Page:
Tuesday, February 9, 2010

Hiring Techniques for Early Stage Startups: How to Get Your First 3 Employees

So you just raised $1 million in seed funding and need to hire the first ~3 engineers for your team. You have gotten a bunch of high level advice from your investors e.g. "only hire A players" and other truisms that don't actually help you hire anybody.

What are some tactical steps you can take to bring on your first 3-5 employees?

  • Work Your (Engineering) Network (In Person If Possible): Go after the smartest developers you went to school with or worked with. If they are not available, ask them who their smartest/strongest friends are. (note, smarts alone are not enough as I wrote in a blog post here.). Constantly and consistently hit up people you know for leads via email, IM, phone calls, walks. I have found that typically engineering people and product managers provide the best leads. BD/sales people and VCs provide the worst ones (more on this in a minute). Typically asking someone in person for help (E.g. over coffee) will lead to more leads/intros then a phone call or email.
  • Investor Intros (Will not be helpful for hires 1-5): People who network with VCs are typically not the 'low in the organization, straight out of school, scrappy, badass engineering hire' you are looking for for your first 2-3 hires. Usually investors know people later in their careers who have worked in their portfolio (or who network a lot). These types of people typically want to manage a bunch of people but not really get their hands dirty with all night coding. This is often the worst possible first hire for you on the engineering side - they will be expensive (cash and equity), not do a lot of work themselves, and potentially bring in a lot of habits from their enterprise software (or whatever) experience. There are always exception to the rule, but I have found this to be true more often than not. (One venture firm that is actively trying to buck this trend is Andressen Horowitz. I have been pretty impressed by how they think about helping their portfolios with early stage hiring. There are other counter examples - e.g. Rajeev Motwani had an amazing group of engineers he would refer).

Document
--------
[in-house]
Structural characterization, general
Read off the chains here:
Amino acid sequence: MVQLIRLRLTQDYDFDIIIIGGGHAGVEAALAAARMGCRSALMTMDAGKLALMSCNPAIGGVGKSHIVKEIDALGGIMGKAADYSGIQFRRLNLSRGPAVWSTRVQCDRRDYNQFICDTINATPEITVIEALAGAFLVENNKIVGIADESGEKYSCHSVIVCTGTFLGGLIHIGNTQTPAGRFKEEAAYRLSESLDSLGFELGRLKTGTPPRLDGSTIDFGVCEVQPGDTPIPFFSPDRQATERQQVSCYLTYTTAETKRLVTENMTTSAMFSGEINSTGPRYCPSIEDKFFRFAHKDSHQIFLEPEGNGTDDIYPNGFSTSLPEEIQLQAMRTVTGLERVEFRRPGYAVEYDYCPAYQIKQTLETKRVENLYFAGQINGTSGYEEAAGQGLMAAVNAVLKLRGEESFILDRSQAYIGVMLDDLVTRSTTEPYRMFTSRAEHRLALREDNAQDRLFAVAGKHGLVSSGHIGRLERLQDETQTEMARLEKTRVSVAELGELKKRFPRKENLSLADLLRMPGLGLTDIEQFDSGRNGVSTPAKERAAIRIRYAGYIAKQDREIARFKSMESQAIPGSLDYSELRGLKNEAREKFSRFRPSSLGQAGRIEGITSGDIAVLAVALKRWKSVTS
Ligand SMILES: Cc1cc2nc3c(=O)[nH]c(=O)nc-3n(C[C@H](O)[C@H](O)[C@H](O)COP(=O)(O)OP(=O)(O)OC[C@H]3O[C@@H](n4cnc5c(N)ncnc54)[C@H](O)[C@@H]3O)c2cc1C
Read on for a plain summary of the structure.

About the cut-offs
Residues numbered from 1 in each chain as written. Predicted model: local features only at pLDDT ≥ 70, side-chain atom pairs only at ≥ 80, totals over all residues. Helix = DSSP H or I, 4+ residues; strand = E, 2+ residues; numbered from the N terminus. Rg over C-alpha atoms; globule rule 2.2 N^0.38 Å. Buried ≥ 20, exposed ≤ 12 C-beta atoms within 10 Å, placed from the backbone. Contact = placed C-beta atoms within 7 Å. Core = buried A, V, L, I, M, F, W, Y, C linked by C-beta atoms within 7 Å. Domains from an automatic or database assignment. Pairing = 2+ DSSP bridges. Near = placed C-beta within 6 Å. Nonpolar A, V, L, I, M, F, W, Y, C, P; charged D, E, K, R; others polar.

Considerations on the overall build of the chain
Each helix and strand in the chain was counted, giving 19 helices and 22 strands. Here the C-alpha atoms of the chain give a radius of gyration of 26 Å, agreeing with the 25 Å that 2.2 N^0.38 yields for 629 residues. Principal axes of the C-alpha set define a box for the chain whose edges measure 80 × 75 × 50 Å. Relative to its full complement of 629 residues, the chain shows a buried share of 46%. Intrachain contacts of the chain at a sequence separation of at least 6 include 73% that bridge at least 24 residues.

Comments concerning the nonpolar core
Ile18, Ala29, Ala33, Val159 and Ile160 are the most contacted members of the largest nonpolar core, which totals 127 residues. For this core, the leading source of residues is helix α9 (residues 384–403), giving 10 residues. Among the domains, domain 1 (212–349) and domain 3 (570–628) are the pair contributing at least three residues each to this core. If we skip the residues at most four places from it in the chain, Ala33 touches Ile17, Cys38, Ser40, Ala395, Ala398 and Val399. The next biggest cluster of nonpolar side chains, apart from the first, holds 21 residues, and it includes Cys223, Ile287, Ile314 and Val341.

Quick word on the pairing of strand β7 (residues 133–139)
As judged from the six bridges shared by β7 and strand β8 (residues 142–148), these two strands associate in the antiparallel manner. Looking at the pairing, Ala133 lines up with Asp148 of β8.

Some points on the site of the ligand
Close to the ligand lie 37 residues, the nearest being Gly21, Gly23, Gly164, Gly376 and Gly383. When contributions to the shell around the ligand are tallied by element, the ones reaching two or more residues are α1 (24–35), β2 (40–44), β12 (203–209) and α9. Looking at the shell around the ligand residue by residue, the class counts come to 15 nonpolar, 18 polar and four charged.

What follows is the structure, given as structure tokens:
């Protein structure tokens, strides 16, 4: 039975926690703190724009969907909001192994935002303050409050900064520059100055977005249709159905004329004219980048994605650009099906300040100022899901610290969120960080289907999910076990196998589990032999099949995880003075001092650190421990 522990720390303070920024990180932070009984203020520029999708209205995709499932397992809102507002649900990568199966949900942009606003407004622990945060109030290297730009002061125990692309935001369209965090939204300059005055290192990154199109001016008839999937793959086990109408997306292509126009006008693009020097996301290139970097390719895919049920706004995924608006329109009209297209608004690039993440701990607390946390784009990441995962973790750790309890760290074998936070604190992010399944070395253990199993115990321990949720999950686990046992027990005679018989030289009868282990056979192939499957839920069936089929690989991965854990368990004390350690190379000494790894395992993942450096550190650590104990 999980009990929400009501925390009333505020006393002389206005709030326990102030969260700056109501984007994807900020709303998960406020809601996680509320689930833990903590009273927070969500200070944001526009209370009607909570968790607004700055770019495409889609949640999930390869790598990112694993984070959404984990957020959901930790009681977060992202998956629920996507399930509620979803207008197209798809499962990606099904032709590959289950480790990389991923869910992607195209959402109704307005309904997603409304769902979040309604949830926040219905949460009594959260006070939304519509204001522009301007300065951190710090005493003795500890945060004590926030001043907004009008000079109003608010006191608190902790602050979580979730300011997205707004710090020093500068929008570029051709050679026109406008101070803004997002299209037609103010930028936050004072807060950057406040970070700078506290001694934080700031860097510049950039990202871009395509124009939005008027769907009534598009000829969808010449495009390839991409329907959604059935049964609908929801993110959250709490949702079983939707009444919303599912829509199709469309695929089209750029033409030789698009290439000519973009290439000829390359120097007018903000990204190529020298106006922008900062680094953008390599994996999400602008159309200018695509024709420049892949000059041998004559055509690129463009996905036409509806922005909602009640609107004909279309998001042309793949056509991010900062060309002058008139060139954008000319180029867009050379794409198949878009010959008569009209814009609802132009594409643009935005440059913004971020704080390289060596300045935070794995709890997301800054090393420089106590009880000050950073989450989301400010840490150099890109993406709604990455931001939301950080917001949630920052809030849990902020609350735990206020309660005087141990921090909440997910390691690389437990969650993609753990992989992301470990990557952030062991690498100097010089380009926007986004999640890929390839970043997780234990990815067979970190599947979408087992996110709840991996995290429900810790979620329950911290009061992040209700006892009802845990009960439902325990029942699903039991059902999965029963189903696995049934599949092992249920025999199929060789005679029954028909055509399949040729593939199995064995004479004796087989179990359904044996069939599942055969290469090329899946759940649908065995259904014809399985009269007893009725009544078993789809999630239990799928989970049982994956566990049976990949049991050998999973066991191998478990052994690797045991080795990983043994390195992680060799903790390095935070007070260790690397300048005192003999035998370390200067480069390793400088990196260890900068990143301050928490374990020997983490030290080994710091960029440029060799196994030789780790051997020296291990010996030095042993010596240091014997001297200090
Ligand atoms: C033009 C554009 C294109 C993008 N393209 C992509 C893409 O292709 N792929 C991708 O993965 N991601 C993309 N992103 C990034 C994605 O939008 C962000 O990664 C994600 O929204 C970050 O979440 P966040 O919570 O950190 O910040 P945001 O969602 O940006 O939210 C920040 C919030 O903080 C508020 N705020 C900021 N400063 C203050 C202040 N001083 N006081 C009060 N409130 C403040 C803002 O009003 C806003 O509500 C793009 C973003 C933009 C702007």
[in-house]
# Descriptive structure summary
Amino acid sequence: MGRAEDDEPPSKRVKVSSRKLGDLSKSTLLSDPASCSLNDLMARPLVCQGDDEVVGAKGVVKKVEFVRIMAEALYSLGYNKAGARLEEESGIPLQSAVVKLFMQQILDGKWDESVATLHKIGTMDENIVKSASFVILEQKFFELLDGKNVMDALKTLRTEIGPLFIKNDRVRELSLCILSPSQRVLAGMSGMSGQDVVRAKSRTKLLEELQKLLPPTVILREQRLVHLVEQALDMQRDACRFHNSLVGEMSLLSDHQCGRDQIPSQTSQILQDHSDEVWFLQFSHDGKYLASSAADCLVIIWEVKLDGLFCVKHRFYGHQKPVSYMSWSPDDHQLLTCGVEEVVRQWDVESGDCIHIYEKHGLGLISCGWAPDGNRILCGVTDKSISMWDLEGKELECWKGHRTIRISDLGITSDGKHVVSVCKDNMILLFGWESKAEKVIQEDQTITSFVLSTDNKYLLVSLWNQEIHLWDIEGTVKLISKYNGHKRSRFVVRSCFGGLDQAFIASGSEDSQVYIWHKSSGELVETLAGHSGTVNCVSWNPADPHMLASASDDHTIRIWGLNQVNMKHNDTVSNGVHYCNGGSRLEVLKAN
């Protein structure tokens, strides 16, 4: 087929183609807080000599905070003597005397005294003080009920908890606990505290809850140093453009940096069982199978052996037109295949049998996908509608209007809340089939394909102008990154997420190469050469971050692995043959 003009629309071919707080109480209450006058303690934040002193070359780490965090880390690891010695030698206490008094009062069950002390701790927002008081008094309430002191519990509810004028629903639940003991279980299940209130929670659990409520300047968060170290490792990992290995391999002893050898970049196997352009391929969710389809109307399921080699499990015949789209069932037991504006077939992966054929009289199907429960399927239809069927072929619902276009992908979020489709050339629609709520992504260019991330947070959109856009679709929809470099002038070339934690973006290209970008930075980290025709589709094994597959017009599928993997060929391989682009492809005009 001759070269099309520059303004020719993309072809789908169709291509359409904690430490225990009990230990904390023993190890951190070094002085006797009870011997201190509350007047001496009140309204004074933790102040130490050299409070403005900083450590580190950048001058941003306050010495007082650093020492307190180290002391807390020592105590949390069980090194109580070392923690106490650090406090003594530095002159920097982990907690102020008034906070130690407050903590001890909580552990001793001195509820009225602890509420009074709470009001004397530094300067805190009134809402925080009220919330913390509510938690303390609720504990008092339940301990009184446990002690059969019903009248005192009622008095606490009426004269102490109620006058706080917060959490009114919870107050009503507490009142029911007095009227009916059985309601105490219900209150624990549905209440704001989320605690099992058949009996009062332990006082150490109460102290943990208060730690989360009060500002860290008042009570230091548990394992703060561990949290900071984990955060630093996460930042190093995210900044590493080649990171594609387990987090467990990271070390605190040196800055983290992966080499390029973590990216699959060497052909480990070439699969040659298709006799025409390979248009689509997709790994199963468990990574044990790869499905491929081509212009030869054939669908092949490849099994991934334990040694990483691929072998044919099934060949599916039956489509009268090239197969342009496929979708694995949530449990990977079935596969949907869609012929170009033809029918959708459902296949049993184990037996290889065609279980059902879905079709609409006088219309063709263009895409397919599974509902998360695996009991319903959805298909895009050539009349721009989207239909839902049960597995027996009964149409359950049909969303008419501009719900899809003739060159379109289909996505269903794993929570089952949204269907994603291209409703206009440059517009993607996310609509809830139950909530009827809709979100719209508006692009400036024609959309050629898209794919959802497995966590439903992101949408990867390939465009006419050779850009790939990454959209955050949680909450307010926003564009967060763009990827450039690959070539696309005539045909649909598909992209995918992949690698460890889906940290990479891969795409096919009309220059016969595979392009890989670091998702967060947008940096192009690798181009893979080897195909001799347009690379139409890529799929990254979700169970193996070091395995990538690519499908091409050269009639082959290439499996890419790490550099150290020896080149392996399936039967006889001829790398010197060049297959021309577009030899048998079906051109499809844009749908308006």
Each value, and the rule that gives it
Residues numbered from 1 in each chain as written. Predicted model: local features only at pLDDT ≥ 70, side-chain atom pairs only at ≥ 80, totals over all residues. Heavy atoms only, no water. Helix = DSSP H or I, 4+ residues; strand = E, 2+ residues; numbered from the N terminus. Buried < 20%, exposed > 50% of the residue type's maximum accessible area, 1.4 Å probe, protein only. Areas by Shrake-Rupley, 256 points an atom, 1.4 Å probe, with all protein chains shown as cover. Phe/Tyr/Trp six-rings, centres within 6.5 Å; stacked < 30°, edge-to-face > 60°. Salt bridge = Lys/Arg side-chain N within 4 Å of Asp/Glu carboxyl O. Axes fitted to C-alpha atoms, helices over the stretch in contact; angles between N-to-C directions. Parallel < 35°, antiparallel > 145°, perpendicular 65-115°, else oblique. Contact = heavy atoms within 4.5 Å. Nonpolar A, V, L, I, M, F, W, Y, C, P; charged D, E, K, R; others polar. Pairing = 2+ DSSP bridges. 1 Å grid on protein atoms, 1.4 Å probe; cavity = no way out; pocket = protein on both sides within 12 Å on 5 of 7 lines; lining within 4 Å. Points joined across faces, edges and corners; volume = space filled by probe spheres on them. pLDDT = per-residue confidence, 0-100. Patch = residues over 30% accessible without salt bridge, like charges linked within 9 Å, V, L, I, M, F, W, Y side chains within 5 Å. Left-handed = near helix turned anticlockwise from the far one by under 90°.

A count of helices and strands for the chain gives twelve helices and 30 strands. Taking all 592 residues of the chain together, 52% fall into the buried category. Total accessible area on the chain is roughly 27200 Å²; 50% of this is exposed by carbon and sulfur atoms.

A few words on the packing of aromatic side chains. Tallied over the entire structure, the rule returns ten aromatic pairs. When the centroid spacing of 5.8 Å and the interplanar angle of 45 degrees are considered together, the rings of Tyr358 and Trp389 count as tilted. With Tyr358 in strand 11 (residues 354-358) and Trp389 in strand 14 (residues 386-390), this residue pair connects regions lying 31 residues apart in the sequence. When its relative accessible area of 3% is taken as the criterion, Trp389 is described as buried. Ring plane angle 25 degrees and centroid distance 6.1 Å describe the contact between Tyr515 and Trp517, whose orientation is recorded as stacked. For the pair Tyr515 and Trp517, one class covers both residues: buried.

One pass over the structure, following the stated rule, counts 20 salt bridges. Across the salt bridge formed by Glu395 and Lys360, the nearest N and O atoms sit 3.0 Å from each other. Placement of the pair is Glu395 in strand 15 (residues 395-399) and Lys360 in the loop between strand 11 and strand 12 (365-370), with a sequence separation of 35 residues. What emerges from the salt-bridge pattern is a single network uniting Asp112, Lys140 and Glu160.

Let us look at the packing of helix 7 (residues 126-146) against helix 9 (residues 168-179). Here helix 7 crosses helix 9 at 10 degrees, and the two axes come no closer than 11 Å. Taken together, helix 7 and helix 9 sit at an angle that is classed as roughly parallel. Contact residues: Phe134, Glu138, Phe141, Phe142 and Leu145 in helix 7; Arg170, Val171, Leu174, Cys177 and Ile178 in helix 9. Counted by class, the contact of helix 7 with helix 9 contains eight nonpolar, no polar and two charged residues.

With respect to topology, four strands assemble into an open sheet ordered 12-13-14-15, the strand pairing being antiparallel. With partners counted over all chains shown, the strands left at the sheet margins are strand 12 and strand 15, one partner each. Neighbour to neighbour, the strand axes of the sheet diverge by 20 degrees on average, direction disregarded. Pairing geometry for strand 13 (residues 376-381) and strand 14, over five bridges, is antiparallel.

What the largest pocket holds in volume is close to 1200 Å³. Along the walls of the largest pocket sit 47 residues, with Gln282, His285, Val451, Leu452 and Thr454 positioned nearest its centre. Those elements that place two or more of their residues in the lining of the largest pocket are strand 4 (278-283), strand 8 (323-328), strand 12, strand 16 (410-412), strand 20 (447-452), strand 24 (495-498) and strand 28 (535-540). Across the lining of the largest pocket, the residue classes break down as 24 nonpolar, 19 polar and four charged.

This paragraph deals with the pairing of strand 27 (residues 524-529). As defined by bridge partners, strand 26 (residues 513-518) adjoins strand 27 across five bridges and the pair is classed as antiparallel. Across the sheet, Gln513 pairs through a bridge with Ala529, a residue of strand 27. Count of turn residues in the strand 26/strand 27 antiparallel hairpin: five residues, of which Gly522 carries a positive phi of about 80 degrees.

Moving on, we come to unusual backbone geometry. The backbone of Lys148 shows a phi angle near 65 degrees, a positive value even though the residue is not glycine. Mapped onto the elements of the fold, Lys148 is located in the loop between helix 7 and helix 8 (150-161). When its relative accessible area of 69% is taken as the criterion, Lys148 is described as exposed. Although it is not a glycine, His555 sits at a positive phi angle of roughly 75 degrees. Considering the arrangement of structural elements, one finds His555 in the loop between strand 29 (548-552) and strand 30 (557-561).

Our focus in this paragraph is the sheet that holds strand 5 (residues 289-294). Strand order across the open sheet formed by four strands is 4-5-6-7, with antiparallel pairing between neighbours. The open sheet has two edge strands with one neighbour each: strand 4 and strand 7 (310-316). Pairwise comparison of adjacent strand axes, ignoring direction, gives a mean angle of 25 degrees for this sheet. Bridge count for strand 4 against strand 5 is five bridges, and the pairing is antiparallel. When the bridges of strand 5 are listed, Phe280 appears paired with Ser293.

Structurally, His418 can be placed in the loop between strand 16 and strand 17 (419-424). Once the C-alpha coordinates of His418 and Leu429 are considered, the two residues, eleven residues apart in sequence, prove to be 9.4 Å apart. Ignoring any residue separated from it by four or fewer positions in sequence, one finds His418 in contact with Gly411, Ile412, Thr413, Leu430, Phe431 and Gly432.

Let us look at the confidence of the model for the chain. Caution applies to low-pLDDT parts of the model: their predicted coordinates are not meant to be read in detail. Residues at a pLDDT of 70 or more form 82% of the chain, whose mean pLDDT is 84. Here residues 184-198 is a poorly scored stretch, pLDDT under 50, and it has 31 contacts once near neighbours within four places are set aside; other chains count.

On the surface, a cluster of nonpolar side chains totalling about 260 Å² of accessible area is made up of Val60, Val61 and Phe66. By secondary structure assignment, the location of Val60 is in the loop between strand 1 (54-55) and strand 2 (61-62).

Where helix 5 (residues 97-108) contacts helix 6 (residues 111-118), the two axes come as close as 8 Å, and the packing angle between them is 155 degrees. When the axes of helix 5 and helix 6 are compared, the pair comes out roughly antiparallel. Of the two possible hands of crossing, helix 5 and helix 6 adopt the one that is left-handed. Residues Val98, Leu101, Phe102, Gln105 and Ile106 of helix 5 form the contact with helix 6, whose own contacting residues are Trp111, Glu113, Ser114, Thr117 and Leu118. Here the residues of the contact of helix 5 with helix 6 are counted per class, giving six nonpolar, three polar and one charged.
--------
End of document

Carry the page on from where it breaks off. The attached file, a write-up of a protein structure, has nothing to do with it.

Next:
• Investor's Closing Candidates (Superhelpful). Where investors can help out is in closing a candidate. Once you get to the point where someone is debating your offer versus another one - that is the time to pull your investors in to close the deal. The investor will help give a 3rd party, "Officious" view of why your company is so amazing. Candidates will think "wow, if investor X who funded all these great companies is also funding this one (and taking the time to talk with me) I sure as heck better join this startup!"
  • How to Use LinkedIn: (i) See who everyone you know on LinkedIn is connected to. (ii) Ask each person you know who is connected to someone who looks like a good engineer for an email intro. (iii) Do *not* use LinkedIn messaging to make this request. Send the email directly to the person's personal email address. They will then forward it to the candidate's email. (iv) The candidate will see the email in their inbox and think "Wow, my friend Sameer passed this on personally - I should really talk to this startup founder". Anything passed directly on LinkedIn via their messaging system will largely be ignored. (v) Make sure to personalize the email to the candidiate and use social proof that your startup is badass (e.g. mention investors if they are well known, link to a TechCrunch/GigaOm/Venturebeat article etc.)